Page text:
With practical help from my family and my supervisors, who have been wonderfully supportive, I scraped through the first two years of my PhD by taking strategic breaks using both annual leave and intermissions (once my scholarship allowed it). Nevertheless, my hours became unsustainable and I switched to part-time enrolment. This wasn’t easy, because multiple approvals were required (and if I had been an international student, this might have violated my visa conditions). The switch also came with financial challenges: my part-time scholarship was not enough to live off. I was fortunate to find casual work, but it was an insecure situation to be in.
Part-time options are rare, despite the number of people who need them for a range of reasons, including disabilities or caring commitments. There is also stigma around flexible arrangements during a PhD. It might partly be because the completion rate for part-time students is lower than that of full-timers (M. Torka Aust. Univ. Rev. 62, 69–82; 2020). This does not suggest that fault lies with the graduate students, however, but that the support they receive needs to be optimized. Part-time career options with realistic workloads and appropriate support at all levels in academia would go a long way towards improving access to the field of chemistry.
Having recently completed my PhD, I now face a further set of systemic barriers that are, unfortunately, not unique to me or to Australia.
For example, conferences are often crucial to career development — not attending them can be a career killer, through missed opportunities to present your research and to network. Yet many people cannot attend in-person events, easily or at all. Any trip to an international conference from Australia is already long and expensive, even before taking into account disability-related challenges. Locations are often physically inaccessible, interpreters or live captioning are almost non-existent, programmes offer few opportunities for breaks and little is done to reduce the spread of infectious diseases. Although there are now more online and hybrid conferences, virtual participation is usually restricted to listening passively to talks. Incorporating the social aspects of conferences online would make a huge difference to equity in academia.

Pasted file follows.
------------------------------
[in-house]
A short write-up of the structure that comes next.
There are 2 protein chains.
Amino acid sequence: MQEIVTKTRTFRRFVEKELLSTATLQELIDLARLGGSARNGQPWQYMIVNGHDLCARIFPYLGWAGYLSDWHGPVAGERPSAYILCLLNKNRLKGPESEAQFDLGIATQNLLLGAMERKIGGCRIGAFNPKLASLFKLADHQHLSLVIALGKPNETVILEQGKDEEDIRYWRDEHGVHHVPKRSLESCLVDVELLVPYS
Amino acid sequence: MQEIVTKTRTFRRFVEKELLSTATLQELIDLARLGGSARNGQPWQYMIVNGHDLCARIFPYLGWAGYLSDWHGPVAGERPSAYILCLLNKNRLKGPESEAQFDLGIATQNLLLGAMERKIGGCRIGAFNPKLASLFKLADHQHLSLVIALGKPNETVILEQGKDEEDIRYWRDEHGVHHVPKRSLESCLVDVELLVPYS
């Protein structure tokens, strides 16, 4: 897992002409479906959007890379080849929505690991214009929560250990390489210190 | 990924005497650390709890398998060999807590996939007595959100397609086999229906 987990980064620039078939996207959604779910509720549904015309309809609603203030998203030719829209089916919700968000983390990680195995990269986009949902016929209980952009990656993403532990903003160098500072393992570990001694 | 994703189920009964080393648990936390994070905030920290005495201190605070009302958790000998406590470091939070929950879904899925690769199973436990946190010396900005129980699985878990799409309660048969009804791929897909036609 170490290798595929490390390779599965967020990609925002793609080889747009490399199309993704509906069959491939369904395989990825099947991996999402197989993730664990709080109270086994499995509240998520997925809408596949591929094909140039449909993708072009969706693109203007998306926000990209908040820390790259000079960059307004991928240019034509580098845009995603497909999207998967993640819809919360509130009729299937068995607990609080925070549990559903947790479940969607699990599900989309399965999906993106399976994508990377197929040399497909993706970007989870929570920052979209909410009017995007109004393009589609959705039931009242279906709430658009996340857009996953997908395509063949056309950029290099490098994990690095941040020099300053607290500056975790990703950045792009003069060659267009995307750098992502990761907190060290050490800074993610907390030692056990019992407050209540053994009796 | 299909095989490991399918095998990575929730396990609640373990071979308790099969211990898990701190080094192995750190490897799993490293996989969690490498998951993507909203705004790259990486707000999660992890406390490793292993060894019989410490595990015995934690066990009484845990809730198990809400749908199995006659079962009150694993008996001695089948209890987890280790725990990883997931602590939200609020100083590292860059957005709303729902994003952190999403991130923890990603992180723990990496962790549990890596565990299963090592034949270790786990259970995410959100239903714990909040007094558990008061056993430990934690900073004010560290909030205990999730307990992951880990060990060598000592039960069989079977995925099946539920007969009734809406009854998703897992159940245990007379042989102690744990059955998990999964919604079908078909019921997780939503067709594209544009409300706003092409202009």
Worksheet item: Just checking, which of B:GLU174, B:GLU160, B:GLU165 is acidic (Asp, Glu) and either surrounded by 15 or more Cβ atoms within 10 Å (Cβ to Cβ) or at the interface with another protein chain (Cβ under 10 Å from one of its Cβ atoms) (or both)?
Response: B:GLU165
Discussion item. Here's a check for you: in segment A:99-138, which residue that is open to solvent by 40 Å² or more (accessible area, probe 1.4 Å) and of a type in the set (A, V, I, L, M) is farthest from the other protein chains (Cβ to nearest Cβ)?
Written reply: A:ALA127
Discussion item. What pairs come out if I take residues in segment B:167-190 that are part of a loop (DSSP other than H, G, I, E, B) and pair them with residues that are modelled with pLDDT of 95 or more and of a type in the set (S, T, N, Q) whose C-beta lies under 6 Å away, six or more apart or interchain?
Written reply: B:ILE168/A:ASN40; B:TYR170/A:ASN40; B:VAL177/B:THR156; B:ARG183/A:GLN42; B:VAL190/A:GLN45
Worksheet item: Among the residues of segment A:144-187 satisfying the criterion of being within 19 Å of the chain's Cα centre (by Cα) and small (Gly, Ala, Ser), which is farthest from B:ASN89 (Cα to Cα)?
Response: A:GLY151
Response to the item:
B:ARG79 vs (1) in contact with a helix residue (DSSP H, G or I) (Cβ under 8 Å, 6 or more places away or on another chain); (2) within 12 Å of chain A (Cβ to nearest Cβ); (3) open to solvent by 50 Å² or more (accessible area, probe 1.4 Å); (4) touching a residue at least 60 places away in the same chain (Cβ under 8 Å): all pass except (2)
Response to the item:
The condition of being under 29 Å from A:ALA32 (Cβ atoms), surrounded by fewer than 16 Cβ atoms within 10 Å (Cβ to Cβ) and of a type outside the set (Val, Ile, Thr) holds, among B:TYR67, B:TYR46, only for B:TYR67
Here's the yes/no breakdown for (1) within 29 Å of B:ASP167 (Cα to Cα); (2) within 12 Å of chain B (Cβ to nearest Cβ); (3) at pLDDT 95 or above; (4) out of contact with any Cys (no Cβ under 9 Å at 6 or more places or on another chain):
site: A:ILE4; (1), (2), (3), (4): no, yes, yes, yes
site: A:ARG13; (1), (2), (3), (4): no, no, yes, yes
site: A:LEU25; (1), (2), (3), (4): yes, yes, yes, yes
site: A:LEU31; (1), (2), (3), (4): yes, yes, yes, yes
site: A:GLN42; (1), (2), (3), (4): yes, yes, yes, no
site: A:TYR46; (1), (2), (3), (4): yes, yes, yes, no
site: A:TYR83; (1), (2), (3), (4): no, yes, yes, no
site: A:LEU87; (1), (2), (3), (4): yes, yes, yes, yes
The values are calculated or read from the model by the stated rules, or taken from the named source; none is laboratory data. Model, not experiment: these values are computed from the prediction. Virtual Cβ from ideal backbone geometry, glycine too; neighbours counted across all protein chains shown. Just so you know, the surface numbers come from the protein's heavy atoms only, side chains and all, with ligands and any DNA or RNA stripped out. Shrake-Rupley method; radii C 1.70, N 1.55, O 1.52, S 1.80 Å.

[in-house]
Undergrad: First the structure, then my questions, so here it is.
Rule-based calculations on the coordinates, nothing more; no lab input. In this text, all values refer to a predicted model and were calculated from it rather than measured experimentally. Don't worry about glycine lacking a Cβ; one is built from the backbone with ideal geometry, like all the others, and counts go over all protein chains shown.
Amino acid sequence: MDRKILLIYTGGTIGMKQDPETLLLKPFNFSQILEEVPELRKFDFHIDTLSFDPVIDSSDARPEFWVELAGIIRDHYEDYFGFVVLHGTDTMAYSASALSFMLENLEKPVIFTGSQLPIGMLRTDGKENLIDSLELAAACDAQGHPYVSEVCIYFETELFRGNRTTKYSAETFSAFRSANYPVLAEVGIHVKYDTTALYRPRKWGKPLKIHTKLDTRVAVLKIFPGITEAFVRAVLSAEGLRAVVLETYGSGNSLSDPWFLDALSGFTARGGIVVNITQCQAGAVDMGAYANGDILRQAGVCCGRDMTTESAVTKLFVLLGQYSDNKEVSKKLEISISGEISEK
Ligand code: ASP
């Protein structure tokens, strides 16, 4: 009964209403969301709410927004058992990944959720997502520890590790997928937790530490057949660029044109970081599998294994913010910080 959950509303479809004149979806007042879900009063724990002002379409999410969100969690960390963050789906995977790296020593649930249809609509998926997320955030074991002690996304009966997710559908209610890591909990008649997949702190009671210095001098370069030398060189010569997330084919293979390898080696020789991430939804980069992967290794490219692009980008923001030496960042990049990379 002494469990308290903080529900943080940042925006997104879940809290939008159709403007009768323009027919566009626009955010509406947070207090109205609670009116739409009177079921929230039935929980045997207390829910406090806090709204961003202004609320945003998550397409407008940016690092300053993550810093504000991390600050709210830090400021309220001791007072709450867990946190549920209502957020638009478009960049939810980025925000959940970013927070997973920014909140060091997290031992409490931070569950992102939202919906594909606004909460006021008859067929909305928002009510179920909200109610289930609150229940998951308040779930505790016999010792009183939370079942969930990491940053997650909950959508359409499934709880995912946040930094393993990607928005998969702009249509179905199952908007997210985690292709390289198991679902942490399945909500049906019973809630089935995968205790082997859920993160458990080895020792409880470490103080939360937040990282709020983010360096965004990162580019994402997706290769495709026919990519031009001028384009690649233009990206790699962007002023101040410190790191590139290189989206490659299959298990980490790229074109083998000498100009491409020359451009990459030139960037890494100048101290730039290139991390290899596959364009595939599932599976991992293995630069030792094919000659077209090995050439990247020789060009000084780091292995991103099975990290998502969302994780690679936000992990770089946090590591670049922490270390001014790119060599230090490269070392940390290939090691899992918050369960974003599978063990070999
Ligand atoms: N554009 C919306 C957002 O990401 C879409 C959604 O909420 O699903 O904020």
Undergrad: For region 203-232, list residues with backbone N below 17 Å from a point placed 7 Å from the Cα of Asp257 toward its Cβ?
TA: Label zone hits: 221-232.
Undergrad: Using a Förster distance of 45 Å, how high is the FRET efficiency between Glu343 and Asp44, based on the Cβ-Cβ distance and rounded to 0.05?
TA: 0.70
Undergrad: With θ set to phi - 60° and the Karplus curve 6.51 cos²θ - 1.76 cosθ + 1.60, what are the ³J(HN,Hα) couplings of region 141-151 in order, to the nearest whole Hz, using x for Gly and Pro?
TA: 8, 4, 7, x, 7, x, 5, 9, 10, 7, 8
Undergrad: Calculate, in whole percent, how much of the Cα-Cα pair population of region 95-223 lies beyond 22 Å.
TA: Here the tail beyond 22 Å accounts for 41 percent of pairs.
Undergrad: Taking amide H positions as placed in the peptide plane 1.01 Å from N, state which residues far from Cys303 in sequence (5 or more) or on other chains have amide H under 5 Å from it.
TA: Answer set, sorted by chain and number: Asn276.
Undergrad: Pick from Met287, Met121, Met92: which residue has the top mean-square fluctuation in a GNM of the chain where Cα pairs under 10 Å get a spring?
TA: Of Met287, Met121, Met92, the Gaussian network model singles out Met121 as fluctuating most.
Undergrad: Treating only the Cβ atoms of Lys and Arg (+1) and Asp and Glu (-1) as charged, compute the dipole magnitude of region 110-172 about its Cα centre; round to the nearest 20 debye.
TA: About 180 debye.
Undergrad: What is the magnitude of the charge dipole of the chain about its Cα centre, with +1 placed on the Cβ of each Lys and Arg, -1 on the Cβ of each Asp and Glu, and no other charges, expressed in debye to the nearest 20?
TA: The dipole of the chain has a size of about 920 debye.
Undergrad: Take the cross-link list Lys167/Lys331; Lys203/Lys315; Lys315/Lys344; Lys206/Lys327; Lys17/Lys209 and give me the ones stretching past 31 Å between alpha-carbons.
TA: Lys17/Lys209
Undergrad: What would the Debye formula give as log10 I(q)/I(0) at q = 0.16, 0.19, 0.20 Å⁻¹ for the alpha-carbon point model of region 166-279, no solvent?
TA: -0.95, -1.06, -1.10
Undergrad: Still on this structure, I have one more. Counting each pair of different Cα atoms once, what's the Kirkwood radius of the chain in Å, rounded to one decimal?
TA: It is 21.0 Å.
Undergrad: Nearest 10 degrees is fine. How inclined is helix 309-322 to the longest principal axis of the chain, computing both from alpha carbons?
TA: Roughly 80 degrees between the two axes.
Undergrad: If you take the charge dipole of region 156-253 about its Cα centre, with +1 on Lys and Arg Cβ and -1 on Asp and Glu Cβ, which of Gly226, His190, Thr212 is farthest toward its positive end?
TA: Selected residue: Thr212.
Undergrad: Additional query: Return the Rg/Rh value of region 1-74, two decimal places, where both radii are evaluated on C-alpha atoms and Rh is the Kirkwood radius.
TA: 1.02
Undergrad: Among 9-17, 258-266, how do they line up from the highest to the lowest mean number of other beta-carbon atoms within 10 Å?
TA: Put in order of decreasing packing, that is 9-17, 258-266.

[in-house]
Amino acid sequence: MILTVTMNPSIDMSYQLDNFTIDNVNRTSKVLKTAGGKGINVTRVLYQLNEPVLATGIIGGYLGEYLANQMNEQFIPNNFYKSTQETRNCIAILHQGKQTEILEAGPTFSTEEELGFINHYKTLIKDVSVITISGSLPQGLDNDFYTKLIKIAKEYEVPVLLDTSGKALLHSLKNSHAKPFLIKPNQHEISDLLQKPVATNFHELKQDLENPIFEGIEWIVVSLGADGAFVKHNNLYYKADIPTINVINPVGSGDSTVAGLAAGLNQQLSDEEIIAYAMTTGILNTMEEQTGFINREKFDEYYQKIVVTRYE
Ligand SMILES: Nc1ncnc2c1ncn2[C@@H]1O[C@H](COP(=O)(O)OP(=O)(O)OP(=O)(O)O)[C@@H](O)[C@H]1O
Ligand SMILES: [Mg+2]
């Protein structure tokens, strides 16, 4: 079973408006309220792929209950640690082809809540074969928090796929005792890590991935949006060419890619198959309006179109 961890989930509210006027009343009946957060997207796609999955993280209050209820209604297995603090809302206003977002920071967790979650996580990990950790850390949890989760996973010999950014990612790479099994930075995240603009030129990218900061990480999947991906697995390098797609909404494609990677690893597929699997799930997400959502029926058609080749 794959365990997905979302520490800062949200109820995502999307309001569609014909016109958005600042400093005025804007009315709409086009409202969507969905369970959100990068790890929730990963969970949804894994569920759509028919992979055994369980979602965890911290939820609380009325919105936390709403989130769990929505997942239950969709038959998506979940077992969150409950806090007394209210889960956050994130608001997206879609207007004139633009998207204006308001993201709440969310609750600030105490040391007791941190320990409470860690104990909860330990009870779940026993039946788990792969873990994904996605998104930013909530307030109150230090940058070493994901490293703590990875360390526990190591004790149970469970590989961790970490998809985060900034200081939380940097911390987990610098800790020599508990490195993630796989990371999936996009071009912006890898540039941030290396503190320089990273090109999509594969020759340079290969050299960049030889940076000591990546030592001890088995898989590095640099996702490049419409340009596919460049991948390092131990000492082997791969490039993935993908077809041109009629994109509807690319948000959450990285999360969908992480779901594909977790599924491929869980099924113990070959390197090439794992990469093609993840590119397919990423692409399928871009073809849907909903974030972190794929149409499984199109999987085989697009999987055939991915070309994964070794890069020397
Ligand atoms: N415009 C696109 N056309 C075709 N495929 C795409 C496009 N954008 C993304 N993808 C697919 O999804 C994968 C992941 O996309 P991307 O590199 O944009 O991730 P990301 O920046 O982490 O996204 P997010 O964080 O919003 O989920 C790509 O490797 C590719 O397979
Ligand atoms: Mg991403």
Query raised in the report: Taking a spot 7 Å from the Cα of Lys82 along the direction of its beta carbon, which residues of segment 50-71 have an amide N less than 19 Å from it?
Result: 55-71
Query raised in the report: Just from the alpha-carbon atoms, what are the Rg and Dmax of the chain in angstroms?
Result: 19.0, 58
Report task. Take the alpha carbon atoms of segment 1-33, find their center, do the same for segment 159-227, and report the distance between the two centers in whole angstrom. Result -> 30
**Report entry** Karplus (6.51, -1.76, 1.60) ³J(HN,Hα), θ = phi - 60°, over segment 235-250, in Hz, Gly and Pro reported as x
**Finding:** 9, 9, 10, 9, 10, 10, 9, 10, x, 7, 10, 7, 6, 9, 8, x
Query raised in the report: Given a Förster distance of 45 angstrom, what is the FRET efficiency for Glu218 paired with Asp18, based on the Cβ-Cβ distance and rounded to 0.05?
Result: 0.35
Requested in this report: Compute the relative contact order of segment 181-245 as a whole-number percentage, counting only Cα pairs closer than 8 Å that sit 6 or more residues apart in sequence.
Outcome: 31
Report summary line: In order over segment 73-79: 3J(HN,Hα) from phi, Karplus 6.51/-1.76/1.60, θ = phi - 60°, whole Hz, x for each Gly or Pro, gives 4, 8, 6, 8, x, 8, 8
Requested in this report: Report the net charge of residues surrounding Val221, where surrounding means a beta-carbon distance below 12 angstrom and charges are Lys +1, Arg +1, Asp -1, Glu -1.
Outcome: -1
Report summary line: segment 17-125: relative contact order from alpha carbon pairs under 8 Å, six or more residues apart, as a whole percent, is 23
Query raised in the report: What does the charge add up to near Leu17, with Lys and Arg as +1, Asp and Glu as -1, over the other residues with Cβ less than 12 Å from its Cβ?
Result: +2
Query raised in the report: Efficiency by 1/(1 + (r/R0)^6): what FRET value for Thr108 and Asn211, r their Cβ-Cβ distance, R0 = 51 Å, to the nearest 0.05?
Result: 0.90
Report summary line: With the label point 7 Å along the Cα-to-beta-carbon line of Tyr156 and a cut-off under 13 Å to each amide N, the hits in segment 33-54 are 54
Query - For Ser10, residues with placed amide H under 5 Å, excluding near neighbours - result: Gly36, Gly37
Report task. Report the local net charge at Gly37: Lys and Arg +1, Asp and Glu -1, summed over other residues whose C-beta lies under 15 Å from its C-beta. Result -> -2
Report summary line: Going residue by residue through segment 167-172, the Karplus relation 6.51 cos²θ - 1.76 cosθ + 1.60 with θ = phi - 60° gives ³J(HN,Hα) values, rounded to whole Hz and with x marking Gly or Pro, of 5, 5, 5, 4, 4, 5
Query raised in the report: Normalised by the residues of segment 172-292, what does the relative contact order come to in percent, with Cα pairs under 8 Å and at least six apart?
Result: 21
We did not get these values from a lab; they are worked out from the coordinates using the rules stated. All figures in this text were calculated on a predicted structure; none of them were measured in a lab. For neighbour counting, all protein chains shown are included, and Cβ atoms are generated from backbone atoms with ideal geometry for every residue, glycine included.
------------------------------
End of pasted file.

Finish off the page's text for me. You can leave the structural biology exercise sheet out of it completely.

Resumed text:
Government policies exist in many countries worldwide to protect disabled and neurodivergent employees from discrimination — but daily experiences often tell a different story. Labs are not suitably designed; for example, wheelchair access or adjustable-height benches and fume hoods are rare. Accessibility and workplace accommodations are often treated as if they were mere personal preferences — so much so that the most common advice I have received is not to apply for accommodations and not to disclose my condition. Furthermore, adjustments provided to undergraduate students are often not available to PhD students and university staff: whereas students can engage with a course online, for example, teachers are required to deliver lectures in person.
Disabled, chronically ill and neurodivergent people have rich experience and knowledge, and contribute in positive ways to universities and workplaces. Progress in accessibility and inclusion has been made in the past decade in Australia; I am hopeful that this will continue. And yet, the national rate of unemployment for people with disabilities (around 10%) has hardly changed in the past 20 years, and has remained twice that for people without disabilities (see go.nature.com/3sfqjb3). Workplaces should involve disabled, chronically ill and neurodivergent people when they draw up or revise their policies and arrangements. In particular, organizations need to consult those who have dropped out because of inaccessibility, to avoid ‘survivorship bias’ (when only those who stayed are asked for their views).